My experience, purely anecdotal, is that the more rangers try to bring the nanny state to public lands, the more careless, and dependent, people become. There will always be steep cliffs, deep water, and ornery and unpredictable animals in that messy part of the national habitat not crossed by climate-controlled malls and processed-food emporiums. If people expect a grizzly bear to be benign, or think a glacier is just another variant of a theme park slide, it’s not the fault of the government when something goes fatally wrong.
I've visited Yosemite twice this summer, so the news about 16 people who have died there in 2011 really grabbed me. I think Egan is onto something. When in Norway visiting friends a few years ago, we hiked to a place called Preikestolen (the Pulpit). On the hike in, we found places with chains attached to rock walls to give a handhold where there was a steep dropoff. When we got to Preikestolen, you could walk right up to the edge, sit down and dangle your legs over a 1500 ft cliff.
In the good old USA, a person gets hurt in a park and they want to sue, like it's someone else's fault. Here, you'd encounter fences and warning signs, and still people find ways to get injured and killed. Do we really want to live a life with guardrails everywhere we go?
One final quote from the article:
Yosemite’s most lyrical advocate, the naturalist John Muir, anticipated the urban hordes as the population moved away from field and farm. At the dawn of the 20th century, he saw the parks as places to escape “the stupefying effects of the vice of over-industry and the deadly apathy of luxury.” But Muir also expected people to have some basic understanding of the outdoors.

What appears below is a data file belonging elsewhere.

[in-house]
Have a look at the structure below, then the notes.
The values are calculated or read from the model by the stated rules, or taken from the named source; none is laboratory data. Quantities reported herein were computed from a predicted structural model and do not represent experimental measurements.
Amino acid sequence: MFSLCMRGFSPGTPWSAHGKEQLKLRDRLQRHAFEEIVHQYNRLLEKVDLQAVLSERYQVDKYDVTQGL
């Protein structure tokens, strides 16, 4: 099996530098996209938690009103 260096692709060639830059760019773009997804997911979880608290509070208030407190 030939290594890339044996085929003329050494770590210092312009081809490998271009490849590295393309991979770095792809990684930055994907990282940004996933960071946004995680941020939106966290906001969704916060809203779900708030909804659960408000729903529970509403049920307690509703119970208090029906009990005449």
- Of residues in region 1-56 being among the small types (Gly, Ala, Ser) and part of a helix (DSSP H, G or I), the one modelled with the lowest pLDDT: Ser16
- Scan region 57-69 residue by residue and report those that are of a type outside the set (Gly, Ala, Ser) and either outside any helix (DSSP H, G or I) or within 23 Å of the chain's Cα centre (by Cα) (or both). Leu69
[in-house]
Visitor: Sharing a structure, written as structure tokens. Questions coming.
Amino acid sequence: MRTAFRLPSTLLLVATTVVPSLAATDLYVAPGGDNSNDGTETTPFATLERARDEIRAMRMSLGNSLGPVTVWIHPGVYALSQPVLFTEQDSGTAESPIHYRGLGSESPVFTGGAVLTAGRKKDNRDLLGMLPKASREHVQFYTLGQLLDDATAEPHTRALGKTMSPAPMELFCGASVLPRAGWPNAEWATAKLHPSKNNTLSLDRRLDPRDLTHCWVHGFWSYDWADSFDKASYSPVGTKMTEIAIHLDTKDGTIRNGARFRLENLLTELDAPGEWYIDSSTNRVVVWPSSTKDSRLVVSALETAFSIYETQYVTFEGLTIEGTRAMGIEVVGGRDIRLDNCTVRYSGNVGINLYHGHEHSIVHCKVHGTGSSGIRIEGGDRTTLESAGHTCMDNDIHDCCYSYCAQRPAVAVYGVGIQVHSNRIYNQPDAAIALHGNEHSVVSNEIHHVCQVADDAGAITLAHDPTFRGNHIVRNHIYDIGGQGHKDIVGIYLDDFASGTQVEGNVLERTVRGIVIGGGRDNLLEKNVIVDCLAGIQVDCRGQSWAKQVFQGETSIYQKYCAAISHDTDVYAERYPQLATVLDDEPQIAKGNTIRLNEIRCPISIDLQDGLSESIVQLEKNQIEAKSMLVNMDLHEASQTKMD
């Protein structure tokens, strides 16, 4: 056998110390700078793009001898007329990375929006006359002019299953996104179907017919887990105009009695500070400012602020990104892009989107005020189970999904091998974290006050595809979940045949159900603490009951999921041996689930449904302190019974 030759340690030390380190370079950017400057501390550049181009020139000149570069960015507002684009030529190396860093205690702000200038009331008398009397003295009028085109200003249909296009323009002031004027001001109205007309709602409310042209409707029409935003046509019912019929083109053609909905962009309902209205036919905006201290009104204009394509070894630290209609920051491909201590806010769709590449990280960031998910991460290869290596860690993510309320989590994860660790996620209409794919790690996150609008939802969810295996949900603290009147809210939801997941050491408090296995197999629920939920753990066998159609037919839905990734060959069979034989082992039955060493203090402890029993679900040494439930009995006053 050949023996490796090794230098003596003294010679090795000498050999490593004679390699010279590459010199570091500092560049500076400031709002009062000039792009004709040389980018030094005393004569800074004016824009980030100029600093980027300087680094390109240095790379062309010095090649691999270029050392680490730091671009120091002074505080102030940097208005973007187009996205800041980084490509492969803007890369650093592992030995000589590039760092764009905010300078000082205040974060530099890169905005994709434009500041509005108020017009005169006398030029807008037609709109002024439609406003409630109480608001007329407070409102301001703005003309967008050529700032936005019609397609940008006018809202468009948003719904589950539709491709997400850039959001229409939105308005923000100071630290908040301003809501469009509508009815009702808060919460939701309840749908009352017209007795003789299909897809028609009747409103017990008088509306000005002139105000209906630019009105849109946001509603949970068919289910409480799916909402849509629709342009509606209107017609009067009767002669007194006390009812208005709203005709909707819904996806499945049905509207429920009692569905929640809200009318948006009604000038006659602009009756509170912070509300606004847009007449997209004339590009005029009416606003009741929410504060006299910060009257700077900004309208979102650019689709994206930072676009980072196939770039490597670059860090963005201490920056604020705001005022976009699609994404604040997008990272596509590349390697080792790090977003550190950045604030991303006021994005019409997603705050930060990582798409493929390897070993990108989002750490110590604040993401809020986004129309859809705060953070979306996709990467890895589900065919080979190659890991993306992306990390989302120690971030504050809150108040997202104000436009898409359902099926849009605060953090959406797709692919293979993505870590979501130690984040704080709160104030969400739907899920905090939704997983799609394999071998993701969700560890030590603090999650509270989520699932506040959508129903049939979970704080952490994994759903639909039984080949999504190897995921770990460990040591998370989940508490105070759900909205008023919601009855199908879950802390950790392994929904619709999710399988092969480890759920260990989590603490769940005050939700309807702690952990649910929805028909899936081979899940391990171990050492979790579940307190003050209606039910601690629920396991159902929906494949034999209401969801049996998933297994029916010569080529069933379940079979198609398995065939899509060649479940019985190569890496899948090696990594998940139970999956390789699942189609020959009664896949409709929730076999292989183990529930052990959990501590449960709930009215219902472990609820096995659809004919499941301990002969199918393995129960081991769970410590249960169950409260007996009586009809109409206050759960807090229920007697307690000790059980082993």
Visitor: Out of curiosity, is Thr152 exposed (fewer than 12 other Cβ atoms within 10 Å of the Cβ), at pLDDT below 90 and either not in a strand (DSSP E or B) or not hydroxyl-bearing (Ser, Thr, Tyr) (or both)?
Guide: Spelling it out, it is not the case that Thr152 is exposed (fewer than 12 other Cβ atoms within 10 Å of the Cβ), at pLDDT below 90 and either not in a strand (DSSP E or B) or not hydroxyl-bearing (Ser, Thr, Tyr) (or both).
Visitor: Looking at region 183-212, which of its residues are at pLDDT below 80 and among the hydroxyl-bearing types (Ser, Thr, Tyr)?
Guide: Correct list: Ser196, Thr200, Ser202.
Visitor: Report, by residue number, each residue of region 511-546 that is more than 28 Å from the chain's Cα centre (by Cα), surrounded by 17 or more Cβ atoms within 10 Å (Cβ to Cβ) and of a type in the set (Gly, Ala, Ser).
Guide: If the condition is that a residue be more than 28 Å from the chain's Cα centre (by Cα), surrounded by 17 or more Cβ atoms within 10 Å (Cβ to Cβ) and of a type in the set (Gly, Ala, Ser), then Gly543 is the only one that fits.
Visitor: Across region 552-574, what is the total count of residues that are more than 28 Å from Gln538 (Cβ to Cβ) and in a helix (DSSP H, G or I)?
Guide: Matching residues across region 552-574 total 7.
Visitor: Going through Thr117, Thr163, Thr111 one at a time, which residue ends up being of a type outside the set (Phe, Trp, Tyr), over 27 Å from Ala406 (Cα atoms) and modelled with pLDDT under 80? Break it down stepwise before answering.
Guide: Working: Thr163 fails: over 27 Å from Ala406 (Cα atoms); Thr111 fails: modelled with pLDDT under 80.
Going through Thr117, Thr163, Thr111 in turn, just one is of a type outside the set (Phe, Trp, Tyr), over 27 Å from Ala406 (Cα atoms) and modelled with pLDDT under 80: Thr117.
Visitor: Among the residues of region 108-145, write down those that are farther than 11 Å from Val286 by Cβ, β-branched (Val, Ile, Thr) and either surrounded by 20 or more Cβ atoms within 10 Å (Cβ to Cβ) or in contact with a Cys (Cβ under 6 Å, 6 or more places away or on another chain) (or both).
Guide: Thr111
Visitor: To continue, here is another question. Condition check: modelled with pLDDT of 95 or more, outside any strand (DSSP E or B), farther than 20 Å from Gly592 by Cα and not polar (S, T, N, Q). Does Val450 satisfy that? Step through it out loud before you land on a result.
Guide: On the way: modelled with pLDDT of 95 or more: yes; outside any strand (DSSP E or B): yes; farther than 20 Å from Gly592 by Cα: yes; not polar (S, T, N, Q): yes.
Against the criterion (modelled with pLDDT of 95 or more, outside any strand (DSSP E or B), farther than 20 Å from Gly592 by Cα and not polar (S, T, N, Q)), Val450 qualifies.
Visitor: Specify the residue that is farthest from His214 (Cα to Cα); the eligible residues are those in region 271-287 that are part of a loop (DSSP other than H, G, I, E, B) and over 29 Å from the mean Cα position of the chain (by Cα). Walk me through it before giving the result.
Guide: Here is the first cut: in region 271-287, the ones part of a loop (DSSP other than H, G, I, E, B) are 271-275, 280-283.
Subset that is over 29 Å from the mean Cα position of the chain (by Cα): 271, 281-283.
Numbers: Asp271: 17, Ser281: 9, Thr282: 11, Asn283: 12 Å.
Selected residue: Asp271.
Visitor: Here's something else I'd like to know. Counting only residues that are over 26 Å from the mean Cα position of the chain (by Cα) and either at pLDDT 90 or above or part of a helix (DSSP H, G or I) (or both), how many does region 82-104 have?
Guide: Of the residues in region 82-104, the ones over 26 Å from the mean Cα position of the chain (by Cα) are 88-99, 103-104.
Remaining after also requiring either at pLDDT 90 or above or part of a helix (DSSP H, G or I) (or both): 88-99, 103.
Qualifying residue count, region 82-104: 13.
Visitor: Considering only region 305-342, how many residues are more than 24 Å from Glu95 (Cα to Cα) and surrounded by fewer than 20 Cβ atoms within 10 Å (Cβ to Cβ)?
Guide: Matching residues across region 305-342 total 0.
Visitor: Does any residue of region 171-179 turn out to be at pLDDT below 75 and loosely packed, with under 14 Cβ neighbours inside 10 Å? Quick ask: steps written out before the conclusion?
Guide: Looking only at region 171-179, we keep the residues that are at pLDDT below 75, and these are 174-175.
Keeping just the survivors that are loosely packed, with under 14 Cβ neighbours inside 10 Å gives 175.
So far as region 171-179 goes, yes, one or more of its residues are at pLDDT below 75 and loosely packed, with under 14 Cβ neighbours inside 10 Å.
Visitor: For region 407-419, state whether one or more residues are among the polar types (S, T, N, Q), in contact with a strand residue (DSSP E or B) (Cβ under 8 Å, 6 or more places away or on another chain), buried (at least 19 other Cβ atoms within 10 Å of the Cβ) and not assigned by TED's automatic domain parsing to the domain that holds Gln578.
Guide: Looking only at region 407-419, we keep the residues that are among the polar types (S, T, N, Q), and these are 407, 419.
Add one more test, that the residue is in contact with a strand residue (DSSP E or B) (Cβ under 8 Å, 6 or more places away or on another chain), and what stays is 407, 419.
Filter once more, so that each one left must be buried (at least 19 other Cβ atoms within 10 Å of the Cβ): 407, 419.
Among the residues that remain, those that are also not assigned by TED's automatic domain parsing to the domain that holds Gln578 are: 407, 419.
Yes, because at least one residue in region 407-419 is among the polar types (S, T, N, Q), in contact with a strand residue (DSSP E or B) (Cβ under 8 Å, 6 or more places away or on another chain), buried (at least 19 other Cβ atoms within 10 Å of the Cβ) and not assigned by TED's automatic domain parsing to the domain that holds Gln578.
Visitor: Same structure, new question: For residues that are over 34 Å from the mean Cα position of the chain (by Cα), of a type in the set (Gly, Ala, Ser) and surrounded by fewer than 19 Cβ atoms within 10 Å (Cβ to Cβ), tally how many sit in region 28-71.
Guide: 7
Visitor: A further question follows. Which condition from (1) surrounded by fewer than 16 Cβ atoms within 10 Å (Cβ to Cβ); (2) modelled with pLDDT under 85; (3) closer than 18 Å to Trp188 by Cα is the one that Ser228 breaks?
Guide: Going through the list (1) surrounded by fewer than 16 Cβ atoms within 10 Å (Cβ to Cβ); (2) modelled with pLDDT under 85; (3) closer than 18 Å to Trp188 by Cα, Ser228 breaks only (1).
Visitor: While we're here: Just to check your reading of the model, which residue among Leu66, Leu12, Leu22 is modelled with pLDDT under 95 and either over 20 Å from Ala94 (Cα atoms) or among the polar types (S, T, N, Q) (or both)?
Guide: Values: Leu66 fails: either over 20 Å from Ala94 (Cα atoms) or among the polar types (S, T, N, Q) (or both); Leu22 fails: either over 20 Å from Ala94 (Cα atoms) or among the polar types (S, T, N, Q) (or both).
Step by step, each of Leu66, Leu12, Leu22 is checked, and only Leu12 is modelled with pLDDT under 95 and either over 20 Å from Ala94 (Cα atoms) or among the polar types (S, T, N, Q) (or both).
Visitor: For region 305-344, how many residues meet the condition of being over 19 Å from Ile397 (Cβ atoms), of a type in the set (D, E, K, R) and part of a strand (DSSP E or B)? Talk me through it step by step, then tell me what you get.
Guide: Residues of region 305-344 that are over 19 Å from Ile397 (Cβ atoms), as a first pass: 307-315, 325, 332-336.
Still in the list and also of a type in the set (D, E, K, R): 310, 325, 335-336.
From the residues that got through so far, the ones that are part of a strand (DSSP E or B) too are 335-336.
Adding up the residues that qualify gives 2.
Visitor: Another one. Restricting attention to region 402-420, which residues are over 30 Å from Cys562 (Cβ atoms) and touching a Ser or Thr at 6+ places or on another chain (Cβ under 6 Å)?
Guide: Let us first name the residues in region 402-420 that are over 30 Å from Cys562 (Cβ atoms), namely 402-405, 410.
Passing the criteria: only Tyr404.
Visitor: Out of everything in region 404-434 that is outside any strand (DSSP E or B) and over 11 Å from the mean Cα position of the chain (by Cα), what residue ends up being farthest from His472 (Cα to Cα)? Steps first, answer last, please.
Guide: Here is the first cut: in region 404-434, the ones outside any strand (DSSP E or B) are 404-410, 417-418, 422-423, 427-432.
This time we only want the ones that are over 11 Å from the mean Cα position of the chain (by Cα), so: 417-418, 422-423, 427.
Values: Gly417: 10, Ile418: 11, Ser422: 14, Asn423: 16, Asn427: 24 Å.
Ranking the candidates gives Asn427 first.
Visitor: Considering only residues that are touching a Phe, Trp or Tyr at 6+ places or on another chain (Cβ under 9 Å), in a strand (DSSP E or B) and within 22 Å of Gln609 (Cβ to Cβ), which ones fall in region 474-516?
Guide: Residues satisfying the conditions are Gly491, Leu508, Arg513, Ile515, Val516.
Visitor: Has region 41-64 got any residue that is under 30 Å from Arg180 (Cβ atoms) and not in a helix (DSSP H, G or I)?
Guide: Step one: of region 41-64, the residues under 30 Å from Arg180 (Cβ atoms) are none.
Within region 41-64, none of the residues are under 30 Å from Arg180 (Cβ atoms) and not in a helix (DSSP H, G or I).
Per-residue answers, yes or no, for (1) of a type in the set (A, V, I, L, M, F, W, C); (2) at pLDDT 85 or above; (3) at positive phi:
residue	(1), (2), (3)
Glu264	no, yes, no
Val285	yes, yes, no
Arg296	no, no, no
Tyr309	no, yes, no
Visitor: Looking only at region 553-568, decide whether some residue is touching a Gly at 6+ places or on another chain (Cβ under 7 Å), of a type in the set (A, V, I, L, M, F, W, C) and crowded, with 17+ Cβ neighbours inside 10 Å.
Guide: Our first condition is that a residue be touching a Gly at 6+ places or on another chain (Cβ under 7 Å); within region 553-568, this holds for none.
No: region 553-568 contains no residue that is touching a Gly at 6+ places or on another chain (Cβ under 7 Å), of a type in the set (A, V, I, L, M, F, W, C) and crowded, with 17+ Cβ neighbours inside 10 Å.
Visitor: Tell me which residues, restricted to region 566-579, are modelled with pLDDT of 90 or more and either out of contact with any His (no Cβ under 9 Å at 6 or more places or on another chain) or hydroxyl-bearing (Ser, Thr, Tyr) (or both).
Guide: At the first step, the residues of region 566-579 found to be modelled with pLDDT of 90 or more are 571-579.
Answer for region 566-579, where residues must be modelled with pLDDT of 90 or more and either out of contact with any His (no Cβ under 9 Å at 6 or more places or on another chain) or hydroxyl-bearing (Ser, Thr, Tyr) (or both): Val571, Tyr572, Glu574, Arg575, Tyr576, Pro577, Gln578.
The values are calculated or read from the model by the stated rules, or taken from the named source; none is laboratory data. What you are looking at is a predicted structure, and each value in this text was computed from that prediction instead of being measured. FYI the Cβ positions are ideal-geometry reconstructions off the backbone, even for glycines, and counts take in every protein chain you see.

Aug 17, 2011
Aug 15, 2011
Aug 14, 2011
Love this quote from Henri Nouwen's Out of Solitude:
When we start being too impressed by the results of our work, we slowly come to the erroneous conviction that life is one large scoreboard where someone is listing the points to measure our worth. And before we are fully aware of it, we have sold our soul to the many grade-givers. That means we are not only in the world, but also of the world.Then we become what the world makes us. We are intelligent because someone gives us a high grade. We are helpful because someone says thanks. We are likable because someone likes us. And we are important because someone considers us indespensable. In shore, we are worthwhile because we have successes. And the more we allow our accomlishments, the results of our actions, to become the criteria of our self-esteem, the more we are going to walk on our mental and spiritual toes, never sure if we will be able to live up to the expectations which we created by our last successes.
Aug 12, 2011